AN OBSERVANT SOCIALITE
The spiritual gift of tongues, which can be traced to Pentecost in Acts 2, is a phenomenon frequently experienced by Christians seeking to grow in charisms. The gift is bestowed for a twofold purpose: worship of God and an interpretation of the words so that others may understand a truth about God.
“I first thought it was a tongue of praise when it was making a sort of gurgling sound really softly,” said junior Isabel Roussin. “When he started shouting during the consecration, that really confirmed that he knew Jesus was present and was adoring him the best way he knows how.”
There was a member of the congregation who could offer an interpretation, and she happened to be the child’s mother.
“He’s trying to say he needs a diaper change,” said the mother. “Now if you’ll please excuse me.”
The interpretation corresponded to the second reading from Philippians.
The child was escorted out of the chapel. The mother, not wanting to halt his praise of God or stop the manifestation of the gift, also “did not want to distract the congregation from prayer.”
Despite the mother’s fears, many in the congregation found the child’s tongue edifying.
“The tongue really didn’t disrupt my prayer,” said freshman Aidan King. “In fact, it enhanced it. The screaming sounds really felt like he was articulating the state of my soul.”
The infant was brought back into the chapel just in time for the communion, where the child manifested the gift of tongues once again. His free-praise tongue mingled with the voices of the musicians, bringing a spirit of joy to the congregation.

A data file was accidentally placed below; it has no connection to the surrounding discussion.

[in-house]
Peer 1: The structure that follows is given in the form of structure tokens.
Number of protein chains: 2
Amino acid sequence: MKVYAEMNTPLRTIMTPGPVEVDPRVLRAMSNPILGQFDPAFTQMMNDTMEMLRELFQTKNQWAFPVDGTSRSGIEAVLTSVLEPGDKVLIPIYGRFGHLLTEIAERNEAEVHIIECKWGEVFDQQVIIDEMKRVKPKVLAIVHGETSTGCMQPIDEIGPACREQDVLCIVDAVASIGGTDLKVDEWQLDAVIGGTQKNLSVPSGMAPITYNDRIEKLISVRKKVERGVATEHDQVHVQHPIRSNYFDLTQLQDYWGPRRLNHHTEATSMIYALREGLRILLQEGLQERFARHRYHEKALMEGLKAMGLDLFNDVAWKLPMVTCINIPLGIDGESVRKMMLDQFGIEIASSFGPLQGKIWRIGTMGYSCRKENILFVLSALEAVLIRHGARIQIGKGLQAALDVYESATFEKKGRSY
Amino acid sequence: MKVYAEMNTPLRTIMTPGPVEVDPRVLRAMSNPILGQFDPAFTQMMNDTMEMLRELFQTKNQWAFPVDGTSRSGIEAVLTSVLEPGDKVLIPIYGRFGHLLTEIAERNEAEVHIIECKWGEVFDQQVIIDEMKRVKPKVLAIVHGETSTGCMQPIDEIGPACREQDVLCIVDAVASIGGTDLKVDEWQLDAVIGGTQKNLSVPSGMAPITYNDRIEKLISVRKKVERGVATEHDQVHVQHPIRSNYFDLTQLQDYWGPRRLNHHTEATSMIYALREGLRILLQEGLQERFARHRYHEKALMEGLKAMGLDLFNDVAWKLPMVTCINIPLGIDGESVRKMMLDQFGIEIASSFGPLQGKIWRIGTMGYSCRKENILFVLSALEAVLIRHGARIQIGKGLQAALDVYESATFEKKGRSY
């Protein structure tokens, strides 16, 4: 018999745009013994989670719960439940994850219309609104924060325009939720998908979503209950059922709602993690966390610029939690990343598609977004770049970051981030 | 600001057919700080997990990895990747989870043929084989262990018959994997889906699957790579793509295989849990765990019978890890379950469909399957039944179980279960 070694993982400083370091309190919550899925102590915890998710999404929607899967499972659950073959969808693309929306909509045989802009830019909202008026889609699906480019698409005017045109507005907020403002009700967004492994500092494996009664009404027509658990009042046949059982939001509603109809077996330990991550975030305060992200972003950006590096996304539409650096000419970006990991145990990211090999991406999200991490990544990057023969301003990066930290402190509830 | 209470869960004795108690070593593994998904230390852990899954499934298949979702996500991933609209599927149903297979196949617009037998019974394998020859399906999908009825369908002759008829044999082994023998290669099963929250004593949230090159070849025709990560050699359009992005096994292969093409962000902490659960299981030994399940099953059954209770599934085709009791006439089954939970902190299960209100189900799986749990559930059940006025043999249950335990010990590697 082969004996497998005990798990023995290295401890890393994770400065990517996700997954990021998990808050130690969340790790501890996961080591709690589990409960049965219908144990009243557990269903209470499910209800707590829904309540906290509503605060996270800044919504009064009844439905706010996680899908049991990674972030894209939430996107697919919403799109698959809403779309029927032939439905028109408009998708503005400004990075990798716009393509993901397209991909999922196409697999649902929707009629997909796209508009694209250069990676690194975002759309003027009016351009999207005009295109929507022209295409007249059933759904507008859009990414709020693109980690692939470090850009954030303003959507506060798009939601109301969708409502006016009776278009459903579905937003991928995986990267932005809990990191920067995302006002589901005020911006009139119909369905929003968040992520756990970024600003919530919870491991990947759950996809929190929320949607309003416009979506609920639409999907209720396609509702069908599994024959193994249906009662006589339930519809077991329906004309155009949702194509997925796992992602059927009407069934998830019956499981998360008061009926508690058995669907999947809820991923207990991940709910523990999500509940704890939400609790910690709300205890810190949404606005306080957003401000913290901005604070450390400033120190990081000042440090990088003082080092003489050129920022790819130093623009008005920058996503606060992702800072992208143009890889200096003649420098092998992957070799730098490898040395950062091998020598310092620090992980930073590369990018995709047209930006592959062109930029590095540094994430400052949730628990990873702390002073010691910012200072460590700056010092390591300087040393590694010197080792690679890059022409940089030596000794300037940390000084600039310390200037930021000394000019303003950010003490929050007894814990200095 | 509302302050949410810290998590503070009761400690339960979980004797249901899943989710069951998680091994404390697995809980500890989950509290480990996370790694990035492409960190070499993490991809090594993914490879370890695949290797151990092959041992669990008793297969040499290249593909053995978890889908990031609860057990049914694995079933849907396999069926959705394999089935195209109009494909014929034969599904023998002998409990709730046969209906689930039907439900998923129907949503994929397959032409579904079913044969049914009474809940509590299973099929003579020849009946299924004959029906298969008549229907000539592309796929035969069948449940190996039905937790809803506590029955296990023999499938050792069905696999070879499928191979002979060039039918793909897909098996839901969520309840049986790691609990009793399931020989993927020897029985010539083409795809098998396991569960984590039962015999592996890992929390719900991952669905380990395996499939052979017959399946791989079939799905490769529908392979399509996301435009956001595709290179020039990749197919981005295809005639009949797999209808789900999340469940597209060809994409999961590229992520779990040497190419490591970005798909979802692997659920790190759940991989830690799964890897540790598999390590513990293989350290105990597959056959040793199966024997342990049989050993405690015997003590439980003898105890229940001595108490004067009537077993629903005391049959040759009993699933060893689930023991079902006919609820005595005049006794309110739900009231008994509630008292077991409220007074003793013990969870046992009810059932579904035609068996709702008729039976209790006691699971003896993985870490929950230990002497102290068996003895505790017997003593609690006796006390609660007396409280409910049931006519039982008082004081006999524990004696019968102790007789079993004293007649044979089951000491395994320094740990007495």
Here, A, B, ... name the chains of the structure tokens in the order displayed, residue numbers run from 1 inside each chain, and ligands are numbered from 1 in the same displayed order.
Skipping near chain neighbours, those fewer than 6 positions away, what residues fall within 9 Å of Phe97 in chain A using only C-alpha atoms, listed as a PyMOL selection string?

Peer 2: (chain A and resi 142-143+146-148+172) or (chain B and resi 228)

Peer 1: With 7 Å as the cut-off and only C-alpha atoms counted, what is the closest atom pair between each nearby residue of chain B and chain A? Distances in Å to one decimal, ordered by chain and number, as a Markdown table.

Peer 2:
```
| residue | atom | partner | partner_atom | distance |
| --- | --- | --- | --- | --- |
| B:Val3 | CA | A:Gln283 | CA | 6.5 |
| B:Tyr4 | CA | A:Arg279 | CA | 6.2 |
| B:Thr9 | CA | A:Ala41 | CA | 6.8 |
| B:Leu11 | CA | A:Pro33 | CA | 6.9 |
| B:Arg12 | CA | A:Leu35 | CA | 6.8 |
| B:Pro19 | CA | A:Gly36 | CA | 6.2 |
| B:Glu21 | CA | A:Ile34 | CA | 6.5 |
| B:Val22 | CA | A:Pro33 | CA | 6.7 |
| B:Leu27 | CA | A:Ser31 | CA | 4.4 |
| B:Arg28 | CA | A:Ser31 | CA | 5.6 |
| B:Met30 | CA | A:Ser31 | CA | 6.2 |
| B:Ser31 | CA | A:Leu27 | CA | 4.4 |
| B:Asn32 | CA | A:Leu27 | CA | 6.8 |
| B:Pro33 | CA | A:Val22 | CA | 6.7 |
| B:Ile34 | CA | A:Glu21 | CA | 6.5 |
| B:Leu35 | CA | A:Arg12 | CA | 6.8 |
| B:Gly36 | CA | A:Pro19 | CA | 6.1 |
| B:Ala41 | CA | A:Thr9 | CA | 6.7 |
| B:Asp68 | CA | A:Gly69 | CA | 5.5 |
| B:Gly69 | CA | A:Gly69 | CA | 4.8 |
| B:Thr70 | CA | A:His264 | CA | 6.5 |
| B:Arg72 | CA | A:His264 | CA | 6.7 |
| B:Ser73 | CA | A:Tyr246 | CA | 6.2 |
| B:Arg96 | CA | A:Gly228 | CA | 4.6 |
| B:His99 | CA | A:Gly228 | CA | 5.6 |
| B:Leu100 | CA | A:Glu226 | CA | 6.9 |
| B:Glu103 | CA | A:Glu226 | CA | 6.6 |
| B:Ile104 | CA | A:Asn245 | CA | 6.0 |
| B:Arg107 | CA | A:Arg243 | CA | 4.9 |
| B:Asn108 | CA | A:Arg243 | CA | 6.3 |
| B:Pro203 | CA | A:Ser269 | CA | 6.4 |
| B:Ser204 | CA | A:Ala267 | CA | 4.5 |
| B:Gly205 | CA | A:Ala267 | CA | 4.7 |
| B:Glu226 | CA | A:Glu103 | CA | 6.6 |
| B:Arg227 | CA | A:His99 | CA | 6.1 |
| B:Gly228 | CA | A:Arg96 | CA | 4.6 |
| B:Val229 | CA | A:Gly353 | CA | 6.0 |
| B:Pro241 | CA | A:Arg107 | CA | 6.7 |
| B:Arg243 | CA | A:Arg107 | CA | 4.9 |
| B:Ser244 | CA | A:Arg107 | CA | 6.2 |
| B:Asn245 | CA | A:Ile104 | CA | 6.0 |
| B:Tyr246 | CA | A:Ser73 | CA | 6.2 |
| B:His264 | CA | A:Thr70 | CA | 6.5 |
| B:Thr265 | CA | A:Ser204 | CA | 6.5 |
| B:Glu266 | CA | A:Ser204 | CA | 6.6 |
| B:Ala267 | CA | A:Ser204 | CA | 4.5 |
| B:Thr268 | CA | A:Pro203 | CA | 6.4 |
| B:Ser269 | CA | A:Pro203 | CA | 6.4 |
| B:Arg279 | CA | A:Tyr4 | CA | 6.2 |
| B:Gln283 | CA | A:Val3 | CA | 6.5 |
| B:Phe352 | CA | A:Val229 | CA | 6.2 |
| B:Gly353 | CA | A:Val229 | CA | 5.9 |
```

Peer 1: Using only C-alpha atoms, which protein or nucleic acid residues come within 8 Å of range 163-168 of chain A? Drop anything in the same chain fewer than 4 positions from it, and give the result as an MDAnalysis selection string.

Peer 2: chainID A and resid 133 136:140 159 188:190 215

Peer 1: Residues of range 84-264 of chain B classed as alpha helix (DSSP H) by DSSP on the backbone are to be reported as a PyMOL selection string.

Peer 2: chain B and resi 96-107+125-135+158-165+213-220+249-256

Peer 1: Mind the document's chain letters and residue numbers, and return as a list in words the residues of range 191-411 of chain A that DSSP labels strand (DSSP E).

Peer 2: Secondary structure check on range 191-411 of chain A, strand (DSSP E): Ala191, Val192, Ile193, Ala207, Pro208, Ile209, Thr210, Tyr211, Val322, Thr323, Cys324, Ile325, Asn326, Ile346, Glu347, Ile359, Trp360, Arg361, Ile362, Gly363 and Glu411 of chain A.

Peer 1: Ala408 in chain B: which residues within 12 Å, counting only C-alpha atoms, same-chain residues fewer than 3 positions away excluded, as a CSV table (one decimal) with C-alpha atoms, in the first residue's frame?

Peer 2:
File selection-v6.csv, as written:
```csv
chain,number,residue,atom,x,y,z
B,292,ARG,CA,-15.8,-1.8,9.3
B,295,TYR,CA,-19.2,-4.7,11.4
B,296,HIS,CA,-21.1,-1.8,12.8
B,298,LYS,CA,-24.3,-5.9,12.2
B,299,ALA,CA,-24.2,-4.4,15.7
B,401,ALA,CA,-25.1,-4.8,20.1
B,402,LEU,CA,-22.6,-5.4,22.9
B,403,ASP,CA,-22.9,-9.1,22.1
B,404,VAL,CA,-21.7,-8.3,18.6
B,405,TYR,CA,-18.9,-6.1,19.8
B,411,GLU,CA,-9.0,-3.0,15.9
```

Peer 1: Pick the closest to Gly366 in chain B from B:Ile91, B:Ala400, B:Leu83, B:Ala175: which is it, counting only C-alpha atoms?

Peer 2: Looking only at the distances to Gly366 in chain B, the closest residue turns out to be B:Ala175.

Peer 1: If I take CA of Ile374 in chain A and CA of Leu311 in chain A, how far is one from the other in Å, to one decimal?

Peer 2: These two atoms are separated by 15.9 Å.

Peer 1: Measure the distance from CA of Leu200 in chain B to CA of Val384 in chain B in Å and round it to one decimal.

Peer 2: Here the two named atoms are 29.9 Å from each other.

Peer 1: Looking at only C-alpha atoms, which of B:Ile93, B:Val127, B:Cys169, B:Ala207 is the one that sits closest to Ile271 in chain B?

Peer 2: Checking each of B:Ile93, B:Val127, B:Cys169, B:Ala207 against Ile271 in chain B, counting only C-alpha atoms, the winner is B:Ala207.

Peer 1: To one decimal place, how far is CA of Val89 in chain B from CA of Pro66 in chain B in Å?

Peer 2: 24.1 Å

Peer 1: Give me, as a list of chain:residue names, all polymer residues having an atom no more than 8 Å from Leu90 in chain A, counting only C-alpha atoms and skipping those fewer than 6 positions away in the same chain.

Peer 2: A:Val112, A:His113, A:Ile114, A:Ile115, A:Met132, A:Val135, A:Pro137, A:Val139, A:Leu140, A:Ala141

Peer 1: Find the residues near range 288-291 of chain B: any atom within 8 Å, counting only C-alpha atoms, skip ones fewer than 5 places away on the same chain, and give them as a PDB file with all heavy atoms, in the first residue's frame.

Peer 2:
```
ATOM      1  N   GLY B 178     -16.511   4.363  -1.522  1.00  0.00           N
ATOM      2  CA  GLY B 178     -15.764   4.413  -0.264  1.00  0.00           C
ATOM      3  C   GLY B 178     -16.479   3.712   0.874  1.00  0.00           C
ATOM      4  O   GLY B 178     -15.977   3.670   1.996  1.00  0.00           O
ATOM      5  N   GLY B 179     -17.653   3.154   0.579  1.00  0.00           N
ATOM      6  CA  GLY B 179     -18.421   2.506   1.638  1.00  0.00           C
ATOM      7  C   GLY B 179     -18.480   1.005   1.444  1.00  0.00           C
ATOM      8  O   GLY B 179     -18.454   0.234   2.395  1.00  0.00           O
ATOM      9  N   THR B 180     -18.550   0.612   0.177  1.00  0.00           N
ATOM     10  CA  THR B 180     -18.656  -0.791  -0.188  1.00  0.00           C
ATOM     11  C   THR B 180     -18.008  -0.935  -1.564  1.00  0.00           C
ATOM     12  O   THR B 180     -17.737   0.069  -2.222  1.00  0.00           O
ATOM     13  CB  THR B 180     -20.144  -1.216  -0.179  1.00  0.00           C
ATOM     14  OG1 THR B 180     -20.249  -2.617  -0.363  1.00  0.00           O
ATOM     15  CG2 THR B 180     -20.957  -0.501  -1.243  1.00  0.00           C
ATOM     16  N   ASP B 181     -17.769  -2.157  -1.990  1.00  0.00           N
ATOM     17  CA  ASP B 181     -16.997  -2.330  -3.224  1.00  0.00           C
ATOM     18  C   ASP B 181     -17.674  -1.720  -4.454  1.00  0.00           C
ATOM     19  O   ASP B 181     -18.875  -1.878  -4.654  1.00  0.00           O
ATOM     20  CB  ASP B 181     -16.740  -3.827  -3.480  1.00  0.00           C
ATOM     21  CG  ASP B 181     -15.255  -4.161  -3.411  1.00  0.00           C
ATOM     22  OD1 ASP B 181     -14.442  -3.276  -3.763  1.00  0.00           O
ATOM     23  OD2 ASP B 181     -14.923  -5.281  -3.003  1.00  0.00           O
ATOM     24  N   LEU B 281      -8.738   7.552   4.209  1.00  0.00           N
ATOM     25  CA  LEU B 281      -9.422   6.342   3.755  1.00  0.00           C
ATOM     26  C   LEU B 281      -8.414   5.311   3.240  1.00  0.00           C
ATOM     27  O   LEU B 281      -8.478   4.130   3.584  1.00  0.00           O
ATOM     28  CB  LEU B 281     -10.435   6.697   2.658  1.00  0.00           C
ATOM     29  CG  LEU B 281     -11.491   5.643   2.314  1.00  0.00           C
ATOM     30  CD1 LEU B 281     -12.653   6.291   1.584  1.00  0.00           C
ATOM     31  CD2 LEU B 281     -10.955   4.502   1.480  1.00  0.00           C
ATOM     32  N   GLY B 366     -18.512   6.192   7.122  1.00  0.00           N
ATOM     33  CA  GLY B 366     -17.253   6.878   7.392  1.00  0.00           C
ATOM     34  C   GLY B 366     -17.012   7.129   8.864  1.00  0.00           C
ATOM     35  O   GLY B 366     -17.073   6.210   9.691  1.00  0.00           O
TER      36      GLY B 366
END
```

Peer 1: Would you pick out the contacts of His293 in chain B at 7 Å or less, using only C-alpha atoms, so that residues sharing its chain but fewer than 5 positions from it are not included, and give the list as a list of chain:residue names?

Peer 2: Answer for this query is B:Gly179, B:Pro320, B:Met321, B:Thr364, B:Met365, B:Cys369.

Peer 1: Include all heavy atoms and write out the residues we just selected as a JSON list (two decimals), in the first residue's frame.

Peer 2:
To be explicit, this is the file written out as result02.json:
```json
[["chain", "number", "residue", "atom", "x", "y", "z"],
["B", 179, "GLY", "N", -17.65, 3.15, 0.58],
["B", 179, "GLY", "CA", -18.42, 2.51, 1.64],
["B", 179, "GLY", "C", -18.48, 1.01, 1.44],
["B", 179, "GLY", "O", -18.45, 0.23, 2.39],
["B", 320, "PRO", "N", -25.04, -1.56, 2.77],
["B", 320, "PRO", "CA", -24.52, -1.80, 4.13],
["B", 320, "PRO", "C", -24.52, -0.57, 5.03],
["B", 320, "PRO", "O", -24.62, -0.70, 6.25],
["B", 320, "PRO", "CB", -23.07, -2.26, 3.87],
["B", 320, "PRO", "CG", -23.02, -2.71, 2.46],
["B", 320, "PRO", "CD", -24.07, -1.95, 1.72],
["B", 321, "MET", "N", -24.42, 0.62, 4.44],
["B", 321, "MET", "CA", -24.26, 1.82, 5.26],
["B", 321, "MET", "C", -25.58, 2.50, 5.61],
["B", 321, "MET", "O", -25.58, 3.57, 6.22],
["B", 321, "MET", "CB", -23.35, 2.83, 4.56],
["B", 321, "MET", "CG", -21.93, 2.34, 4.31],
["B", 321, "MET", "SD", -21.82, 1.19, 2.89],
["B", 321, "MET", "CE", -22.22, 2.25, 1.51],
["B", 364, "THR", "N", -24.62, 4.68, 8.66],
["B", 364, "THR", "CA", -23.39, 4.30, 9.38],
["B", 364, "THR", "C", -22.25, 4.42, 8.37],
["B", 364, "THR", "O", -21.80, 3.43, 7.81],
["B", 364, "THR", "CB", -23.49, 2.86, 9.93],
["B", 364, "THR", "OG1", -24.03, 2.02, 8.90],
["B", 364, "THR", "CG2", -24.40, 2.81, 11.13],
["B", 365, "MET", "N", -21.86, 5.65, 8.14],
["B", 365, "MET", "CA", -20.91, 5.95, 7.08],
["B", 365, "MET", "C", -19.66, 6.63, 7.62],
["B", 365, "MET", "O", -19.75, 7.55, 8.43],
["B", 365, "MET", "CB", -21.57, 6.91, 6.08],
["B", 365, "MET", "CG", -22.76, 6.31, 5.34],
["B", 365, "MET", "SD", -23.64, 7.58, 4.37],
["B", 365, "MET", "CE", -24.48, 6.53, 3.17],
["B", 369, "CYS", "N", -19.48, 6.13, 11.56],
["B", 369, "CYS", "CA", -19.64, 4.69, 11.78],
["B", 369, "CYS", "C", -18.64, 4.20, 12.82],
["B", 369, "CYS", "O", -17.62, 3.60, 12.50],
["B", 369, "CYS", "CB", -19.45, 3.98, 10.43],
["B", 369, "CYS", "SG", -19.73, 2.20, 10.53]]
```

“The Lord gives such great gifts even to little children,” said sophomore biology major Naomi Lambert. “If he gives to the least of these, that means he has so much to give to me!”
Others in the congregation were not so edified.
“She should have taken that baby out of the church immediately!” said student Will Ustopp, who wore a March for Life t-shirt. “Jesus rebuked those who made mindless babble like the Pharisees! (The gift) of tongues isn’t even real anyway! If that child were really given a gift, it’d be staying quiet in the presence of the Eucharist!”
When asked for his thoughts on the rest of the Mass, Ustopp said he enjoyed the Gospel reading. “I just love it when Jesus owns the Pharisees,” said Ustopp, referring to Jesus telling them not to condemn the woman caught in adultery.
Ustopp appeared to be in the minority of those who were annoyed by the child. Student Jordan Kasupski commented on how the word aided her prayer.
“The word really touched me,” said Kasupski. “The interpretation of his tongue really reinforced the message of Lent. We purge sin from our lives and allow Christ to clothe us anew. And when we do that, we’re joyful.”